Fluid dynamics lab


The fluid dynamics lab was the first lab to be established at the then Department of Mechanics of Ancona.
Over the years the lab has evolved, acquiring innovative and technologically advanced techniques. Particular attention has been devoted to non-contact techniques, whose contactless feature is extremely useful especially when performing fluid dynamic measurements, where the presence of physical sensors could greatly affect the field to be measured or even hamper measurements (e.g. when measuring the flow between the blades of a rotating fan).
Thanks to the numerous field tests carried out, the staff of the lab has gained solid experience not only in basic research, but also in technology transfer to industry.
Besides traditional instrumentation for fluid dynamic measurements (hot-wire anemometers, Pitot tubes, etc.), the lab is also equipped with:

  • 2D Laser Doppler Anemometer (LDA) system;
  • 3D Particle Image Velocimetry (PIV) system).


Laser Doppler Anemometry – Working principle and application examples
This technique makes it possible to measure fluid velocity at a point and in its temporal evolution.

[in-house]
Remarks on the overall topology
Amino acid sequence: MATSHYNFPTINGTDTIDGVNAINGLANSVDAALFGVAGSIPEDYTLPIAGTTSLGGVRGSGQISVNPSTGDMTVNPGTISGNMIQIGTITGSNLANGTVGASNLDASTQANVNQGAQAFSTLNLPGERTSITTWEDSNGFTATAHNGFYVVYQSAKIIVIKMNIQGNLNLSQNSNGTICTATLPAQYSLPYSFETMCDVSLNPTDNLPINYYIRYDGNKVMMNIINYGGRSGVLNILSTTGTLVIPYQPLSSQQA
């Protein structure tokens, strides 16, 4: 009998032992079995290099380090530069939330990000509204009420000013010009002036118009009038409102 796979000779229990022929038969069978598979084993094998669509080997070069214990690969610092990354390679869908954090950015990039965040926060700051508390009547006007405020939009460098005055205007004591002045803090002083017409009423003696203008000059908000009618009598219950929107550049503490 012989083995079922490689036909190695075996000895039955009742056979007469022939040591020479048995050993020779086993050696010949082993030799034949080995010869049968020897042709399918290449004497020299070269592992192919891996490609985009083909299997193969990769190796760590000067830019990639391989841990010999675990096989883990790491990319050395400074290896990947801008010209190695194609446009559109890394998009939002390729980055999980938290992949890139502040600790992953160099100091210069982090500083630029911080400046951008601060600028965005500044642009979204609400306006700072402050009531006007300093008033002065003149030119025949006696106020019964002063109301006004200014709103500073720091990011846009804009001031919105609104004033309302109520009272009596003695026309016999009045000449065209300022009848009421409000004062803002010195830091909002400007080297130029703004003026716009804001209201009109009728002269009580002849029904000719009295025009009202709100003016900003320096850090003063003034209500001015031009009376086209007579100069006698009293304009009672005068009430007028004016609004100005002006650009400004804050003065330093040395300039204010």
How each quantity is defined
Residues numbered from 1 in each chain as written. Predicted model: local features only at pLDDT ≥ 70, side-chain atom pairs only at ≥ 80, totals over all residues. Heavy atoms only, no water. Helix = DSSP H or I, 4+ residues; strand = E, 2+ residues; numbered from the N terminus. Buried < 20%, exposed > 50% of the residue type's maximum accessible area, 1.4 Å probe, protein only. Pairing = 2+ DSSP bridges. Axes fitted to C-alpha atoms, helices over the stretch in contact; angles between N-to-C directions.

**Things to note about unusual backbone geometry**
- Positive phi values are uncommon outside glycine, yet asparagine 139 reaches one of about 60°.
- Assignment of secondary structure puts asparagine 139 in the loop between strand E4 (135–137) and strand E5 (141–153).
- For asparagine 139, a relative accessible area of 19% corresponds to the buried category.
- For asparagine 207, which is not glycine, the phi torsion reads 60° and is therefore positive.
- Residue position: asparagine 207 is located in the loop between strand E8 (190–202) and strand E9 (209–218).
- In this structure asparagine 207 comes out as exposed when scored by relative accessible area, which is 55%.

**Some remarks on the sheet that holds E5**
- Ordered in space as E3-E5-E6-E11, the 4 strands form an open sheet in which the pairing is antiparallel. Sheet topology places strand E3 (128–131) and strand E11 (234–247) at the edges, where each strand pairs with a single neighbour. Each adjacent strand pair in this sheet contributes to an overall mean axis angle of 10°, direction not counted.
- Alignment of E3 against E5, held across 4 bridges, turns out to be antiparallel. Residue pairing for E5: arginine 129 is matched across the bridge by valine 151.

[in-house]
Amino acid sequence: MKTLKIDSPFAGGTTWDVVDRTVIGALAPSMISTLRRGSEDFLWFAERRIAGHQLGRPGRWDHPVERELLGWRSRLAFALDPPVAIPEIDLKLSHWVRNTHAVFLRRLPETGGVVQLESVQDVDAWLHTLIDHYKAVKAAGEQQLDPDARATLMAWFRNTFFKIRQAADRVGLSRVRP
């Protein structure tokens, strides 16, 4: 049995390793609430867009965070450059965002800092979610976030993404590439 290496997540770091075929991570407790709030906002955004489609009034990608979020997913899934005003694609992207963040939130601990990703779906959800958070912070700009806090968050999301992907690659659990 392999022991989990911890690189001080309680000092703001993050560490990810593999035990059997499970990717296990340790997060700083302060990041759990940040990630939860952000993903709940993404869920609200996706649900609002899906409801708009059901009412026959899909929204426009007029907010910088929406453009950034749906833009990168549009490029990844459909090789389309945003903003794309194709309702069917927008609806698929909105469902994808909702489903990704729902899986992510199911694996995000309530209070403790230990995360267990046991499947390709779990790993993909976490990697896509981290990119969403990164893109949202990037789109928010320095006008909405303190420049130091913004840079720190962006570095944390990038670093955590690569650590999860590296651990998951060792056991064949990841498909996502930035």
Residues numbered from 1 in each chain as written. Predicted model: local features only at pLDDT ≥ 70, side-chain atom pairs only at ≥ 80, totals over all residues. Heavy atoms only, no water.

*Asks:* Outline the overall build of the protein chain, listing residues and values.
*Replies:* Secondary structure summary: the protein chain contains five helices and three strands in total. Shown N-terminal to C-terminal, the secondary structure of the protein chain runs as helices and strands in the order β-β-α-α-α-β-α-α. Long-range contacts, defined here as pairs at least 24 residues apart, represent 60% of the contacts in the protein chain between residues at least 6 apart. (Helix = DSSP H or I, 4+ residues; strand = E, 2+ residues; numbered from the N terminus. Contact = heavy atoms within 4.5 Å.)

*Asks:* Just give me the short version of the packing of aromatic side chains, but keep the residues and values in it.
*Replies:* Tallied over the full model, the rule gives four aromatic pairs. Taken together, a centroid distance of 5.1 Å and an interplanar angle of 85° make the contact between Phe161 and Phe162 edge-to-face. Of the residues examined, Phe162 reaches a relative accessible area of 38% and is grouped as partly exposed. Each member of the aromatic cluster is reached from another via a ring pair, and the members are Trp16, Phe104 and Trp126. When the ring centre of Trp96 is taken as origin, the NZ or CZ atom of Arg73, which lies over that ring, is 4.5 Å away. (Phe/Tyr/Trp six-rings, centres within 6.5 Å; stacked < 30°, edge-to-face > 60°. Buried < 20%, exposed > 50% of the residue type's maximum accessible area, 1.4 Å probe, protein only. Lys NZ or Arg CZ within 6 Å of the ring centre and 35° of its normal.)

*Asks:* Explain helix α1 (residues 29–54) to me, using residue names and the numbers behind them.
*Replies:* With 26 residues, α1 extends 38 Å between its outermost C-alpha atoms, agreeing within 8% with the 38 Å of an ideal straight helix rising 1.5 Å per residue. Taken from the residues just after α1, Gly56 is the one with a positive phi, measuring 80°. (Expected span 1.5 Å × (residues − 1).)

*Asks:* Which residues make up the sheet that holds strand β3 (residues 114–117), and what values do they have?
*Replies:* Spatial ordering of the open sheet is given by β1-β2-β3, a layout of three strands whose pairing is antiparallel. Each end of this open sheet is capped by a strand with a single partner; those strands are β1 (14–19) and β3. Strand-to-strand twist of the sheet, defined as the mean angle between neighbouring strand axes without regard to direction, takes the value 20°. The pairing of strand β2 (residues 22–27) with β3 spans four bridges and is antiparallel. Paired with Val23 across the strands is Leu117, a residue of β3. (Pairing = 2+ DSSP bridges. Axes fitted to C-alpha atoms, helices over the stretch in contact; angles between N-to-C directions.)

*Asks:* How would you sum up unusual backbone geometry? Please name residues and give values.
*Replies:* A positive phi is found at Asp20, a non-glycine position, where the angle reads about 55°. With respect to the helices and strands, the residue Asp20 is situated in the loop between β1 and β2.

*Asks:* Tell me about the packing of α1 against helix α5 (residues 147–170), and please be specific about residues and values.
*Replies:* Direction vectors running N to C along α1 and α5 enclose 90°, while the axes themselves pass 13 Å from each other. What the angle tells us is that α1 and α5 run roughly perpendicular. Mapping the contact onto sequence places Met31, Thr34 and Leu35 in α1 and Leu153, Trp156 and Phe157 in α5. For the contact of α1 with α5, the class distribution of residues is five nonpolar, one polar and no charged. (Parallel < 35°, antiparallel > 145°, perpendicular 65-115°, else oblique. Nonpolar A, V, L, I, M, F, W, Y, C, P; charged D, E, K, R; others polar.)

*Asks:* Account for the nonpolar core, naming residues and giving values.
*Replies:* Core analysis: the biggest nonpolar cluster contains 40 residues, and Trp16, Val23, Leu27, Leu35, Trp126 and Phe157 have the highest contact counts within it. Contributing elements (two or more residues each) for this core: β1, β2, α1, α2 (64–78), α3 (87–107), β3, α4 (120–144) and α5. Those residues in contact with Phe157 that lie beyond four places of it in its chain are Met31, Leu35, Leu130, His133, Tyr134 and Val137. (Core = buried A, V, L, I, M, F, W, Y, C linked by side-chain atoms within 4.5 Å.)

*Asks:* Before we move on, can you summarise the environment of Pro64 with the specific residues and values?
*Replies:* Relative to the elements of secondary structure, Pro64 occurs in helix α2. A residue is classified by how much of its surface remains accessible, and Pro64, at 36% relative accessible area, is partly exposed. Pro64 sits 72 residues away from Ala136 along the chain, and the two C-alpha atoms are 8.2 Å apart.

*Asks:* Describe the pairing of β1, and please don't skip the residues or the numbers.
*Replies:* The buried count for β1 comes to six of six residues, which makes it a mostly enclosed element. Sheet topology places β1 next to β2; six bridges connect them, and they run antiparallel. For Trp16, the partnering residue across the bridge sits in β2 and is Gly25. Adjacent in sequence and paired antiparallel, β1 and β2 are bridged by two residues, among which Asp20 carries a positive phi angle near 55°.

The lab has a 2D system which allows the synchronous measurement of 2 velocity components.
The system is based on the Doppler effect which occurs when a coherent radiation, such as a laser beam, meets a solid in motion. In this specific case, the flow is  seeded with tracer particles which follow the flow and interact with the coherent light creating the Doppler effect.

Particle Image Velocimetry – Working principle and application examples
This technique makes it possible to measure fluid velocity at an instant in time and over a whole plane so as to assess the fluid dynamic field present.
The lab has a 3D system which allows synchronous measurement of 3 velocity components over a plane.
The system is based on the seeding of the fluid analyzed with a myriad of tiny particles, small enough to be entrained by the fluid.
The system is composed of a laser source able to generate a plane of pulsating light and a pair of cameras that observe the position of the particles in stereoscopic vision at two successive light pulses.


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